EDINBURG, Texas — Britani first learned there was something wrong with her pregnancy late one night in July 2019 when she started bleeding and rushed to an emergency room.
The doctor on duty said she had an infection that could cause her to miscarry. Britani agreed to find an obstetrician to treat the problem, knowing that she would not keep her word.
As an undocumented immigrant, Britani, now 20, had no health insurance and could not afford to pay for her treatment in cash. Her only option would be to apply for public benefits, but she had heard from friends that doing so could make her a target for deportation or jeopardize her pending green card application. So she sat tight, hoping the infection would go away on its own.
A few weeks later, Britani shook her husband awake in the middle of the night and told him to get his mother in the next room. They returned to find Britani doubled over in pain, her face wet with tears.
“There’s a lot of blood,” Britani said.
When President Trump unleashed his crackdown on immigration, people without legal status scrambled to erase the traces of their existence to avoid being swept up. They stayed home to hide from aggressive new street arrests. And thousands dropped out of welfare programs to steer clear of a policy that posed a less visible threat. Under an expansion of the limits on “public charge,” the administration said it would withhold legalization for undocumented immigrants who had used certain public benefits.
Though undocumented immigrants are ineligible for most welfare programs and have been shown to use those that are available at lower rates than American citizens, the Trump administration said the expansion was necessary to discourage people who could not support themselves financially from moving to the United States. “Give me your tired and your poor who can stand on their own two feet and who will not become a public charge,” Kenneth T. Cuccinelli II, the acting director of United States Citizenship and Immigration Services, said at the time.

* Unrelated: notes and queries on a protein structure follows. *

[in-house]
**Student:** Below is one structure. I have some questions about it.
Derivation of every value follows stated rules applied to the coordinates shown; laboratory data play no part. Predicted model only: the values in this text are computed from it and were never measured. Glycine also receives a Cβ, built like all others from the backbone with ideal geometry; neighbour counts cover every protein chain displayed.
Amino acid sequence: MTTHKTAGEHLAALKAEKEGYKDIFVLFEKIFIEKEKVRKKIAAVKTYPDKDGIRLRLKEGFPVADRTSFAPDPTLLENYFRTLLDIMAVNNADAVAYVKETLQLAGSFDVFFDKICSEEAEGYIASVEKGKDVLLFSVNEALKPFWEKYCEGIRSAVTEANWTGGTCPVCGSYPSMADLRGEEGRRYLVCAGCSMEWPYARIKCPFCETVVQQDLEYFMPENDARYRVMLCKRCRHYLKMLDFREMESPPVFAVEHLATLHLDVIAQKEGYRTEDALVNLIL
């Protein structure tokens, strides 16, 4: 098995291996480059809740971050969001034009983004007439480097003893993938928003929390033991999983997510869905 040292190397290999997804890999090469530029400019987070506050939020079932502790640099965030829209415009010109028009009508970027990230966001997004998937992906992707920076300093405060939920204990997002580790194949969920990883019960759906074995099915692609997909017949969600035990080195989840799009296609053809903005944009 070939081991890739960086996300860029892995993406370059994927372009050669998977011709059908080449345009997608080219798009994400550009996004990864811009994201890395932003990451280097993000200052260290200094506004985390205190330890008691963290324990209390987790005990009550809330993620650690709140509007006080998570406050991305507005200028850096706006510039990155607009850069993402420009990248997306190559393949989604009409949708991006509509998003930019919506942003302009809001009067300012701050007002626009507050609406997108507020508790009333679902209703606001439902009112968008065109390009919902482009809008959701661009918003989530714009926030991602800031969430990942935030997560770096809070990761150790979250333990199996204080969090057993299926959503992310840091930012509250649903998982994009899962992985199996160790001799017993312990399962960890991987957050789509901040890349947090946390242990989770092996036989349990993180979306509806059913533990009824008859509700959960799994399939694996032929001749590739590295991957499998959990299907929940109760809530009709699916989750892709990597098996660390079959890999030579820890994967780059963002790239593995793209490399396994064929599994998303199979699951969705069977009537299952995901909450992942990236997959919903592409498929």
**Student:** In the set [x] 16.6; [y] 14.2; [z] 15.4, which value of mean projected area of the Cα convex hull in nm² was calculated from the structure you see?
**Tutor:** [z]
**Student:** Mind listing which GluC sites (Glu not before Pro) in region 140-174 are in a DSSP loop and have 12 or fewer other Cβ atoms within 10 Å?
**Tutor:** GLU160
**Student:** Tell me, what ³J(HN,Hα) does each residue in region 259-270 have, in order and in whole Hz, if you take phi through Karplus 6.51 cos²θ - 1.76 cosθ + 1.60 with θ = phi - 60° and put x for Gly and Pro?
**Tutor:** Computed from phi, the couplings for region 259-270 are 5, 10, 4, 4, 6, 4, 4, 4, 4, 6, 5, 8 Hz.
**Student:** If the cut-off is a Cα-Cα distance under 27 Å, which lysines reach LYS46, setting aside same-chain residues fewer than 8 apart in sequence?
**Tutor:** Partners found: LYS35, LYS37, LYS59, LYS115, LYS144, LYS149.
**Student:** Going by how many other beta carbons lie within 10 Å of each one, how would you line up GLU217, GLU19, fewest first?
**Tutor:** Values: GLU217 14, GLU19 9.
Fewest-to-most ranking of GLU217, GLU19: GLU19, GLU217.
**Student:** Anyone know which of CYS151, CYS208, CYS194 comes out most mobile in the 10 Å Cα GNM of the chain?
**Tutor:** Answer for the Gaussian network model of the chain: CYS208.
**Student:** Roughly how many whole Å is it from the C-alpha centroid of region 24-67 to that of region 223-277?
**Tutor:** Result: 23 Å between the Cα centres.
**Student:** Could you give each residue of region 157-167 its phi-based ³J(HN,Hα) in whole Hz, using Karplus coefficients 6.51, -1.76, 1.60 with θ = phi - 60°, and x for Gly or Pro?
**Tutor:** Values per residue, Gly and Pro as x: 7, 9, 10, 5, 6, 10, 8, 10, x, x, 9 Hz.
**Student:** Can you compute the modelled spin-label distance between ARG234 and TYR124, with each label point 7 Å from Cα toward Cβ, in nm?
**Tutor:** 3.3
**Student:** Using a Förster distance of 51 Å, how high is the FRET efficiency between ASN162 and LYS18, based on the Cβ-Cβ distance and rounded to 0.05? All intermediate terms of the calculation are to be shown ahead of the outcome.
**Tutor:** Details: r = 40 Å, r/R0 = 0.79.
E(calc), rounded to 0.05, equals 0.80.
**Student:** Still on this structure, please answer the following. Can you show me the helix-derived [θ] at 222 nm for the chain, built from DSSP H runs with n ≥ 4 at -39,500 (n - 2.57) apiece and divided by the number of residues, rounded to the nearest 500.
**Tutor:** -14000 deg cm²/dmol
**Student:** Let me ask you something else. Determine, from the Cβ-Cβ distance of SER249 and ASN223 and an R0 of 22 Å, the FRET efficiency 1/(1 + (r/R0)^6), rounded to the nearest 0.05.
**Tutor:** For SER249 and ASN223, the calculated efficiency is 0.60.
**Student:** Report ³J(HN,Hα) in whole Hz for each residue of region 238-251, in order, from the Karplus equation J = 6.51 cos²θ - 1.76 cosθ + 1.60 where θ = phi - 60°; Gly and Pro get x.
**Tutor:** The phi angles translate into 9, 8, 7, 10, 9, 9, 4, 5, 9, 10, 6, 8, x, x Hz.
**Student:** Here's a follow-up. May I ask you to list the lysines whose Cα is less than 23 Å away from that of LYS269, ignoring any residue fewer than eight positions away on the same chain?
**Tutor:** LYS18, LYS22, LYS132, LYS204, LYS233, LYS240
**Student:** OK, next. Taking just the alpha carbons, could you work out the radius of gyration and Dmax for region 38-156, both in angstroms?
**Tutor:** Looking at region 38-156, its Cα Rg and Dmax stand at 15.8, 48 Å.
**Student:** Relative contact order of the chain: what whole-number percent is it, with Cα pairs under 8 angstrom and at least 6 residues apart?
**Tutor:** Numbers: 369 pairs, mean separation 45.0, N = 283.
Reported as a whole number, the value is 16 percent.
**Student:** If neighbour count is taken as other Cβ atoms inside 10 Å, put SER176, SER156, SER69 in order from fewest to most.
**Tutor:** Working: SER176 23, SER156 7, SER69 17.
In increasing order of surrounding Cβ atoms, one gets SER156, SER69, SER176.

The policy contained exemptions for some vulnerable groups, including pregnant women. But doctors and public health officials say that many undocumented women are convinced nonetheless that their chances of legalization will be diminished, and they worry that immigration officers, who are often seen at hospitals along the border, could target them for deportation.
The result, they say, is an escalating climate of fear that is having disastrous consequences for the health of pregnant women and their babies.
Within days of when the public charge policy became public, followed by wall-to-wall coverage on Spanish-language news outlets and dire warnings on social media, medical clinics saw no-show rates for prenatal care appointments rise sharply. Midwives say that requests for home births from undocumented women who wanted to avoid going to a hospital soared. Doctors said they saw a spike in the number of women arriving in emergency rooms with serious complications, or already in labor, without having